Saturday, 31 October 2009


Apropos of horror fiction, some may have noticed that some time ago I added a banner concerning the Boris Karloff Blogathon, a collective effort to commemorate the 122th birthday of the well-known actor.

I have previously written about Karloff's contributions to vampire cinema, but I intend to return to this subject as part of the 'blogathon' that involves more than 50 blogs. If you have a weakness for this actor and his roles in horror cinema, do have a look at the other blogs participating. The 'blogathon' will haunt the blogosphere in late November.

No pumpkin head

No pumpkin head this year apart from plastic ones and a few candle lights. Still, Halloween is a good occasion to indulge in vampire or horror fiction, so I would like to mention that I was tempted by the relation to Bram Stoker and consequently am reading 'the official sequel' to Dracula: Dracula the Un-dead by Dacre Stoker and Ian Holt. It is quite an entertaining romp, bringing back the characters from Stoker's original and some from his notes to once again fight vampires, this time in 1912. At one point, Bram Stoker himself and Hamilton Deane turn up at the Lyceum where they meet the son of Jonathan and Mina Harker, Quincey Harker! You can imagine that Stoker is surprised to meet a character from his novel, and that Quincey is equally surprised to find a novel about his parents opposing a vampire! It reminds me a bit of Kim Newman's entertaining Dracula novel Anno Dracula and its sequels - these are highly entertaining and riveting page-turners, I particularly enjoyed The Blood Red Baron when I read them some ten years ago.

Monday, 26 October 2009

La fascination des vampires

Jean Marigny, probably best known for the excellent little book known in English as Vampires: The World of the Undead (Thames and Hudson, 1994), has recently published a new book on vampires titled La fascination des vampires (Klincksieck, € 16.00).

It apparently is fashioned on answering 50 elementary - or perhaps not so elementary? - questions about vampires:

1. Pourquoi les vampires sont-ils omniprésents dans la littérature et le cinéma contemporains ?

Les vampires dans la tradition légendaire
2. Qu'est-ce qu'un vampire ?
3. Y a-t-il un terme unique pour désigner les vampires ?
4. Quels sont les différents sens donnés au mot vampire ?
5. À quelle époque les vampires ont-ils fait leur apparition ?
6. A-t-on cru à des êtres suceurs de sang avant le XVIIe siècle ?
7. Existe-t-il un rapport quelconque entre les légendes concernant les vampires et l’Histoire ?
8. Pourquoi les pays d’Europe centrale et orientale ont-ils été plus affectés par le vampirisme que les pays d’Europe occidentale ?
9. Comment reconnaît-on un vampire ?
10. Comment devient-on vampire dans la tradition légendaire européenne ?
11. Quels sont les moyens de lutter contre les vampires ?
12. La croyance aux vampires se limite-t-elle à l’Europe ?
13. Croit-on encore aux vampires aujourd’hui ?
14. Pourquoi le vampire fascine-t-il toujours dans un monde devenu rationaliste ?
15. Existe-t-il aujourd’hui un ésotérisme lié au vampirisme ?

Les vampires dans la littérature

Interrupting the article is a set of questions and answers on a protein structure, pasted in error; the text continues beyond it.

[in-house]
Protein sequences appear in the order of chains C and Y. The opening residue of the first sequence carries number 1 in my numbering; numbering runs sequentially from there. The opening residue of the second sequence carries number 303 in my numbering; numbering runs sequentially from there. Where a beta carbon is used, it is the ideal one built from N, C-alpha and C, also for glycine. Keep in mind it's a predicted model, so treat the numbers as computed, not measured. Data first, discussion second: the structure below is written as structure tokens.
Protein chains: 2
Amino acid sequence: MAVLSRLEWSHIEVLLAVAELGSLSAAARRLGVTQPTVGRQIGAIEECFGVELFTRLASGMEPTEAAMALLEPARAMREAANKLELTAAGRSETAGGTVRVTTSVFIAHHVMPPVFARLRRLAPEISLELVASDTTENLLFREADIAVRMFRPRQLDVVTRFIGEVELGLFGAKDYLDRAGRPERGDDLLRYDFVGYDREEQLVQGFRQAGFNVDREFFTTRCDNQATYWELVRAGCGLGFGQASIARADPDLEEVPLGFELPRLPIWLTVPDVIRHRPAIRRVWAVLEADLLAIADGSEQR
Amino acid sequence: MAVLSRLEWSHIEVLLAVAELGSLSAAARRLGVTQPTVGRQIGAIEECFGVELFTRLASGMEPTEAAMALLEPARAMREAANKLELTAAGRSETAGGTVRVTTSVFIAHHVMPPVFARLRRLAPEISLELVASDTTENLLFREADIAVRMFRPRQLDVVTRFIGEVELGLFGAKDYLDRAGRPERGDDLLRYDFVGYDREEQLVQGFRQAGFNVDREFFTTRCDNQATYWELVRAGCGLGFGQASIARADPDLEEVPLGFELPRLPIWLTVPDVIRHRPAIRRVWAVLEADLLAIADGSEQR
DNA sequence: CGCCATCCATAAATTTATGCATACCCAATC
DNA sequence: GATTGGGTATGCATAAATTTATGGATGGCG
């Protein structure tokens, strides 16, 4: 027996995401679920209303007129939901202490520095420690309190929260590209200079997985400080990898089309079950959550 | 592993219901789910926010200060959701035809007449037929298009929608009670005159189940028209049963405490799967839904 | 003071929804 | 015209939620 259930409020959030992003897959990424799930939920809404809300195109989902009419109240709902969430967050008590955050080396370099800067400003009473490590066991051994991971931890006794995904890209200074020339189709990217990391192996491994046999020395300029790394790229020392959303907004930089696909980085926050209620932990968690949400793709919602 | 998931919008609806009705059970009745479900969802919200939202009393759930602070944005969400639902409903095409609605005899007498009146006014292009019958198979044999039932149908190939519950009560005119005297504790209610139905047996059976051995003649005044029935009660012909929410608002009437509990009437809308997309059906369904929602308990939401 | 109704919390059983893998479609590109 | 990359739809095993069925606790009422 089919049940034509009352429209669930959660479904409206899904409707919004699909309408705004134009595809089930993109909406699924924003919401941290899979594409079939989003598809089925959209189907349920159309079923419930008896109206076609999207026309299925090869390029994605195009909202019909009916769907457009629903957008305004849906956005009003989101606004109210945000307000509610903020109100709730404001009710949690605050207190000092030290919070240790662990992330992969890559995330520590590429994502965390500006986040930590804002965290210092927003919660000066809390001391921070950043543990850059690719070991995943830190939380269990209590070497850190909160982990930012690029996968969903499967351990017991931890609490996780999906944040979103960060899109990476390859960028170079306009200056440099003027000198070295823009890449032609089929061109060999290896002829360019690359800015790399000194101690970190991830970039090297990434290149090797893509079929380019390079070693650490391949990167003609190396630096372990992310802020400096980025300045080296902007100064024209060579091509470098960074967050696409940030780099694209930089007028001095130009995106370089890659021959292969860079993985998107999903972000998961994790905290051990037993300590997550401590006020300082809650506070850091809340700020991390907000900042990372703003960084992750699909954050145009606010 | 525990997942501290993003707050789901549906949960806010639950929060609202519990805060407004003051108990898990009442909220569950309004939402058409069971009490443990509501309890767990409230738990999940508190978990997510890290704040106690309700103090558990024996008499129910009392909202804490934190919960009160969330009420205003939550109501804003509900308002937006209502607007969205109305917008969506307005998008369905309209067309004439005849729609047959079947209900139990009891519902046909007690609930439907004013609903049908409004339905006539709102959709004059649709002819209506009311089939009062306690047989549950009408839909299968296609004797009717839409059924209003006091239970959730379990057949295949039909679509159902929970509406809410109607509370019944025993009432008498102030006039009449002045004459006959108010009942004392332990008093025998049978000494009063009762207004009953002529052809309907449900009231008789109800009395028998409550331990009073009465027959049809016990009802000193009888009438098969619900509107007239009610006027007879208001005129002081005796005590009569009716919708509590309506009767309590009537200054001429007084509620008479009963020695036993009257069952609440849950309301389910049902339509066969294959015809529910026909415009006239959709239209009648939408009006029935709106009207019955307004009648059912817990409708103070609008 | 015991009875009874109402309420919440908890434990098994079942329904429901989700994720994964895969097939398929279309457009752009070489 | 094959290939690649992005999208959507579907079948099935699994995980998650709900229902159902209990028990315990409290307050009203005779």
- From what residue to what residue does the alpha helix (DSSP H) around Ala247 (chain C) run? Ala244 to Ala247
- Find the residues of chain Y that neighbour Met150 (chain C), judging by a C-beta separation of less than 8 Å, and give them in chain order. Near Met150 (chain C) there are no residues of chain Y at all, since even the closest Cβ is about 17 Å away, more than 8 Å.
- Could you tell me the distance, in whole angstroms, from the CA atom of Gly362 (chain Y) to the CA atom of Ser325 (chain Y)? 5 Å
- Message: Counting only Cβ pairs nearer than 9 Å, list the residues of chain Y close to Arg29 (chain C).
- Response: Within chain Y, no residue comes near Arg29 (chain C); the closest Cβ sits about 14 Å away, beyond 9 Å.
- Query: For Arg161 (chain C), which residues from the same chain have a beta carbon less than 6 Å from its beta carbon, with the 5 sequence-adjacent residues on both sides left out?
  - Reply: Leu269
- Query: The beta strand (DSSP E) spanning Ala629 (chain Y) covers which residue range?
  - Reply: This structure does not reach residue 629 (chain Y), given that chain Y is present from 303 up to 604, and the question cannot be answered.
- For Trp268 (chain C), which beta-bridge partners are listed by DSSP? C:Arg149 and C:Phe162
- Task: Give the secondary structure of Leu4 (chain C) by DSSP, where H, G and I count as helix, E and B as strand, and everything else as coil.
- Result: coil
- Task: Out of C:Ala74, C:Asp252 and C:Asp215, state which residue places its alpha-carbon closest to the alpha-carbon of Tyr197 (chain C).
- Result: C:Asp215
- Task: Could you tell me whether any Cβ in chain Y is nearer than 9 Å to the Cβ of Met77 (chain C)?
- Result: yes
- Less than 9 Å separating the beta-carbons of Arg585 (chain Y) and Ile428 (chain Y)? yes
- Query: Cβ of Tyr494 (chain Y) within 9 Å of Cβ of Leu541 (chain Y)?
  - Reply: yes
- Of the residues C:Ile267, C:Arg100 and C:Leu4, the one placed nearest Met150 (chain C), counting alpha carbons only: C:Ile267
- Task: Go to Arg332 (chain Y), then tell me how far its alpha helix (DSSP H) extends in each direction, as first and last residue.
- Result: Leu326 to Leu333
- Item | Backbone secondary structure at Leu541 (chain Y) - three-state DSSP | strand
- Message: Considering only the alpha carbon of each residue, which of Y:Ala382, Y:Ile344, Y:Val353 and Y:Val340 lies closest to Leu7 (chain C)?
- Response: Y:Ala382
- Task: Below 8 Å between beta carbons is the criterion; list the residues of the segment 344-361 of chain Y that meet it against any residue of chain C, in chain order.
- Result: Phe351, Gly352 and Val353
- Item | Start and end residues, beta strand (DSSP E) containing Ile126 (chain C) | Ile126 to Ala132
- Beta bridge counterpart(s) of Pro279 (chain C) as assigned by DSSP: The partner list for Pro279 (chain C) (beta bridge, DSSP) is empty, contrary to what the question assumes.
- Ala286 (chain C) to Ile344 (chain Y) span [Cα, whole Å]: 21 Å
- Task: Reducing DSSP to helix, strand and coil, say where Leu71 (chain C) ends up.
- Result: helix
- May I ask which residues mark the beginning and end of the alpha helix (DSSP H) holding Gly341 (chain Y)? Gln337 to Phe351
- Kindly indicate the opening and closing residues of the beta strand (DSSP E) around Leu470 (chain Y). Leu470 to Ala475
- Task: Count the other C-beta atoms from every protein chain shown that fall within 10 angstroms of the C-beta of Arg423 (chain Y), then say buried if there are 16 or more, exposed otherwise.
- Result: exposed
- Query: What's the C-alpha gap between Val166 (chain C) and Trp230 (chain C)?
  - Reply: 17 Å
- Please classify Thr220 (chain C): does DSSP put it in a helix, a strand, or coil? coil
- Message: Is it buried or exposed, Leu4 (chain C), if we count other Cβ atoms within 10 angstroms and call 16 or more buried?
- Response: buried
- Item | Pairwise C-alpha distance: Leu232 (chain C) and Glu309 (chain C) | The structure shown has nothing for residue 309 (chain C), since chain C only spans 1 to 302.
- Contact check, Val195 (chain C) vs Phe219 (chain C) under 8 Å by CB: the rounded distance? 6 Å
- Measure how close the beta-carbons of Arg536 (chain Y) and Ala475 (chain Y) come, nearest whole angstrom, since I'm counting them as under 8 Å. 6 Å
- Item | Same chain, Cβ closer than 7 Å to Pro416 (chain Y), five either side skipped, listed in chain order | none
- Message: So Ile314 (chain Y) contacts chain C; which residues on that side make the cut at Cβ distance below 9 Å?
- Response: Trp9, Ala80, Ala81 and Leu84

16. Quand les vampires ont-ils fait leur apparition dans la littérature narrative ?
17. Comment le vampire est-il représenté dans la littérature ?
18. Le personnage du vampire a-t-il inspiré les poètes ?
19. Y a-t-il eu un théâtre des vampires ?
20. Pourquoi la publication de Dracula a-t-elle marqué un tournant dans l’histoire du vampire en littérature ?
21. Quels sont les rapports possibles entre la littérature vampirique et l’Histoire ?
22. Dans quels pays d’Europe le vampire littéraire a-t-il eu le plus de succès ?
23. Pourquoi les vampires ont-ils un tel succès aux États-Unis ?
24. Y a-t-il des vampires dans la science-fiction et la fantasy ?
25. Dans quels autres genres littéraires rencontre-t-on des vampires ?
26. Le vampire est-il toujours pris au sérieux dans la littérature ?
27. Comment raconte-t-on les histoires de vampires ?
28. Pourquoi le vampire fascine-t-il aujourd’hui de très jeunes lecteurs ?
29. Peut-on établir un palmarès des histoires de vampires ?
30. Le thème du vampire est-il destiné à perdurer en littérature ?

Les vampires au cinéma et dans les arts
31. Quand et comment le vampire a-t-il fait son apparition au cinéma ?
32. Quels sont les différents visages de Dracula au cinéma ?
33. Quels sont les rapports entre la littérature vampiresque et le cinéma ?
34. La télévision a-t-elle une spécificité par rapport aux films de vampires ?
35. Les films de vampires sont-ils fidèles aux romans et nouvelles dont ils sont adaptés ?
36. Quels sont les films de vampires les plus réussis ?
37. Comment le cinéma utilise-t-il le personnage du vampire ?
38. Le vampire a-t-il eu toujours le même impact au cinéma ?
39. En dehors du cinéma, quels arts le vampire a-t-il inspirés ?
40. Y a-t-il des vampires dans la bande dessinée ?

Le mythe moderne du vampire
41. Le vampire peut-il avoir une signification sociopolitique ?
42. Le vampire a-t-il une dimension religieuse ?
43. Le vampire est-il nécessairement l’incarnation du mal ?
44. L’attrait qu'exercent les vampires peut-il avoir une influence quelconque sur le comportement de certaines personnes ?
45. Le vampire représente-t-il nécessairement l’altérité absolue ?
46. En quoi le thème du vampirisme est-il érotique ?
47. Comment la mort est-elle perçue dans les histoires de vampires ?
48. Comment la psychanalyse voit-elle les vampires ?
49. Quel a été l’apport des jeux de rôle dans le mythe moderne du vampire ?

50. Comment peut-on en finir avec les vampires ?

Bibliographie critique
Filmographie sélective

A review in French is available here.

Sunday, 25 October 2009

In search of Rohr

I have been asked for the whereabouts of a copy of Philipp Rohr's famous Dissertatio historico-philosophica de Masticatione Mortuorum from 1679. I actually do not have the original text, but I do know that a copy of the original book exists at the University Library in Leipzig. However, someone out there may know of a digital edition available online? If so, do send me a link to it and I will post it here.

Day of the Dead

The British Museum celebrates the Mexican Day of the Dead on November 1st this year in conjunction with its current exhibition on the Aztec culture. So if you happen to be in that city on that day, you can explore Mexican culture and the day of the dead, including a Danza Antigua: a romantic danse macabre from the underworld.

Afterwards you might stroll by Jarndyce in Great Russell Street. When I was there a couple of weeks ago they had a number of Penny Dreadfuls on display, including a reprint of Varney the Vampyre, and they are selling a catalogue of books in that genre.

The Atlantis Bookshop in Museum Street probably has a couple of books on vampires, but mostly deals with various 'occult' subjects, so I find it hard to find much more than a handful of interesting books there. That is actually where I bought Lecouteux' book mentioned in my previous post.

The Return of the Dead